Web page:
On the Interestingness and Usefulness of Books

By Deane Barker tags: books

I’m reading more now than at any time in my life. I set a 2014 goal of one book per week (52 in all), and as of the second week in November, I’m at 58.

Additionally, I’ve been keeping track of my reading at Goodreads, and I try to write a short review of each book when I finish it. This has the effect of forcing me to think critically about each book and what I might have gained from it.

More and more, I’m encountering a phenomenon where a book is “interesting but not useful.” These are books that are very entertaining, and that I enjoy reading, but that don’t stay with me in any meaningful sense.

This has laid bare the fact that I read for two reasons:

  1. fun
  2. education

I enjoy the process of reading – working through new chapters of 2-3 books each morning over coffee is truly one of the great joys of my life. But I also enjoy the legacy of reading, which is the hope that reading a book makes me a better person in some way – that it leaves “footprints” on my life, and develops me mentally and emotionally.

The best books are both “interesting and useful.” These are books which you love to read, and that educate you at the same time. I thinking now of Where Good Ideas Come From and The Innovators and Ship of Gold in the Deep Blue Sea – three books I couldn’t wait to read every morning, and that have extended me as a person. I refer back to ideas and concepts from both books often.

Books that are “interesting but not useful” are books that are fun to read, but have no lasting impact on your life. Malcolm Gladwell is famous for this. He writes books which are essentially collections of fascinating anecdotes wrapped around some flimsy premise that ostensibly ties them all together (but which usually doesn’t). I love to read Gladwell, but he doesn’t effectively make a case for anything, and I can’t say I come away from any of his books better educated than when I started.

Right now, I’m reading The 20% Doctrine, which is about the idea of “20% projects” as a source of innovation. It’s a collection of business stories which ostensibly prove that 20% projects can be a source for great ideas. The stories are great – for example, the last chapter was about the Off the Bus project that HuffPo did for the 2008 campaign. But can I draw any larger premise out of it? Is there a lesson to be learned? Can I say I’m better off for having read it? …. No, sadly, I really can’t.

Can a book be “useful but not interesting”? Maybe a textbook or something else that’s extremely information-dense. Perhaps we don’t enjoy reading it, but we learn a lot. However, for me, learning a lot makes me enjoy it, so this would be a harder sell. (There are, however, books which are so dense that I get frustrated because I find the topic entertaining, but there’s just so much information to absorb that I can’t take it all in.)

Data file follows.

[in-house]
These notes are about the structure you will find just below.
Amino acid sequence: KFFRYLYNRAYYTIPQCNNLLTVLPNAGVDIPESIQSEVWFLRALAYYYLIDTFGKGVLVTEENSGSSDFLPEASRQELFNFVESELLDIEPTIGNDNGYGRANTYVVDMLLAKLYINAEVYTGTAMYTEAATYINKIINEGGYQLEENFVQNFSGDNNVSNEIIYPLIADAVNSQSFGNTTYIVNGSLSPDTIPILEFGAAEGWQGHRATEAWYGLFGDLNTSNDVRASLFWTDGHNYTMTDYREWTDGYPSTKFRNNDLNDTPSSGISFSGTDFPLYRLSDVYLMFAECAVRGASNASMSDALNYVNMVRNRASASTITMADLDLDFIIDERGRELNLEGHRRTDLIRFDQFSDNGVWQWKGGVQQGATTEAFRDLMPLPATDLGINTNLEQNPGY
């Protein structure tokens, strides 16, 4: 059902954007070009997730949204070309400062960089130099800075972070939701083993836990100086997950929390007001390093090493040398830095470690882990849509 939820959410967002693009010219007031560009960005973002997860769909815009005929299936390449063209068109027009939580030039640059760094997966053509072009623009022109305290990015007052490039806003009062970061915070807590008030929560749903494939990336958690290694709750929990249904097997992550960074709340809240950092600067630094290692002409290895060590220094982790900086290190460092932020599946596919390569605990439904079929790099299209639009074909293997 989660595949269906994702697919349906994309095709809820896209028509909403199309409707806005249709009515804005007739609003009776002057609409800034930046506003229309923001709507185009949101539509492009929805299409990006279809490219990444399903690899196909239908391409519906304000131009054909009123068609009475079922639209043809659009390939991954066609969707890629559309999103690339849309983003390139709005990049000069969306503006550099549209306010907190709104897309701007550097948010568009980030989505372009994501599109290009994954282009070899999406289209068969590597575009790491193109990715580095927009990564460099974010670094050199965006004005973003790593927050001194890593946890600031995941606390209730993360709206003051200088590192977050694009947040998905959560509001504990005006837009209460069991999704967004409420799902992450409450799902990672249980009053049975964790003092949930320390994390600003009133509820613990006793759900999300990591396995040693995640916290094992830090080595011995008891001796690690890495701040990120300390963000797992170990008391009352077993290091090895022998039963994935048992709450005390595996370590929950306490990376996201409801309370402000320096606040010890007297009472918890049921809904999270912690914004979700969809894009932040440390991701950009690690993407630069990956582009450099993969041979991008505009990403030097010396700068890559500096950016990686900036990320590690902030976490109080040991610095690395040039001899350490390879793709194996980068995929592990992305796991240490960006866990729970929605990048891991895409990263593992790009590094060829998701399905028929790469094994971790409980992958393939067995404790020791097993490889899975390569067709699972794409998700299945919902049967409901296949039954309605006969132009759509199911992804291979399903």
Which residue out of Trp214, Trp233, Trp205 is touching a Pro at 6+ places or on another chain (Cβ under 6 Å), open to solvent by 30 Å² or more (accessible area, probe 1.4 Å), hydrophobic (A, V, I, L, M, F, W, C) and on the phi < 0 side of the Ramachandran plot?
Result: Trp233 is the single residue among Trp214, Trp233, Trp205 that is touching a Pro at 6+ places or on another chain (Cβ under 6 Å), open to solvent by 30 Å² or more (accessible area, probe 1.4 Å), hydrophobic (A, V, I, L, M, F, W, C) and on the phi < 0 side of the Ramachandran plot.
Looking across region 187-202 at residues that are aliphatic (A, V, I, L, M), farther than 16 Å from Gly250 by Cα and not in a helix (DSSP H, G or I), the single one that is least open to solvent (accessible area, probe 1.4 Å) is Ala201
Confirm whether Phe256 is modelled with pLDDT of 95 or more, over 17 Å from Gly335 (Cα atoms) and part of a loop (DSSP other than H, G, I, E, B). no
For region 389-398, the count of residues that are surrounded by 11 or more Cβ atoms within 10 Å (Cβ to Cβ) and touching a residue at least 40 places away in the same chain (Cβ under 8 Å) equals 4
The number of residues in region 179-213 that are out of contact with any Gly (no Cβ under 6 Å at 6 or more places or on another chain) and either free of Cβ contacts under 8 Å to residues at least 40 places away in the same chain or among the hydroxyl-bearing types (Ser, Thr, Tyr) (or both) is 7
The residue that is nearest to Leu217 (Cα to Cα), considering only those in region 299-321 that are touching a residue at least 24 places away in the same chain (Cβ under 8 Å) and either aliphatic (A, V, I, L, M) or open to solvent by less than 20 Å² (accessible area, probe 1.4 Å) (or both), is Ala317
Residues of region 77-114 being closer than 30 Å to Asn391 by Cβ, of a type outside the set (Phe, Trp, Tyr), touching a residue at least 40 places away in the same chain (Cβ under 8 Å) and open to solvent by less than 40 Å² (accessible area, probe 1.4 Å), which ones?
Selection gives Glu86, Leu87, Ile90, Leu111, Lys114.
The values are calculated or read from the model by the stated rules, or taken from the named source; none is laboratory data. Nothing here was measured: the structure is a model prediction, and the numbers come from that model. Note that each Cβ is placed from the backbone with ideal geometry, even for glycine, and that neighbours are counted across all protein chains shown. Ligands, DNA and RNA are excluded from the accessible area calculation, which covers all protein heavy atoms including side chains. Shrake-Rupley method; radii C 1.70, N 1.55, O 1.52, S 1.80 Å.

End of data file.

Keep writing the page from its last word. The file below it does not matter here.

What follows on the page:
How about fiction? Can it be both? Mostly, fiction is about entertainment (interest), but it can be useful. Historical fiction, for instance, can teach you a lot about how the world works. So-called philosophical fiction can make you think about the world in new ways (sadly, I abandoned Zen and the Art of Motorcycle Maintenance a quarter of the way through).

Additionally, fiction can give you points of cultural reference that you might not have otherwise. I’ve gotten through five of the seven Harry Potter novels, both because they’re fun reads, but they’re also cultural touchstones of the last decade-and-a-half. I can’t count the number of references to Harry Potter that I notice now which I wouldn’t have before (“Ten points to Gryffindor!”).

I’m currently reading War and Peace. I’ve actually gotten into the story quite a bit (which surprised me), but it’s manifesting other benefits as well. It forced me to research the Napoleonic era and the things Napoleon did in Russia just after the turn of the 19th century. Additionally, it’s introduced me to the vagaries of Russian naming, which is critical to understanding all the characters, and I’m beginning to understand the social protocols of a bygone era, which are considerable (and seemingly arbitrary). I’m looking forward to the second half of the book (I’m precisely at 50% right now) when I’m told that Tolstoy expounds on several philosophical concepts about war and life.

So, is “interesting but not useful” all bad? I don’t know. Obviously, I’d rather have both interesting and useful, but perhaps the former category is useful, but just over a longer term. I absorb something from everything, and perhaps these books resonate later in my life in various ways. Perhaps I absorb small things that bounce around in my head and come out somewhere down the line, in some morphed form, when combined with other ideas.

Without a clear answer, the only reasonable strategy is to read as much as possible, of all types of books, at all times. That’s a burden I’m happy to live with.

(And before anyone complains about the title – I checked, and both “interestingness” and “usefulness” are legit words, even if my spellchecker disagrees. Wikipedia even has a page on interestingness discussing how the concept is not a valid measure for if something gets page on the site.)

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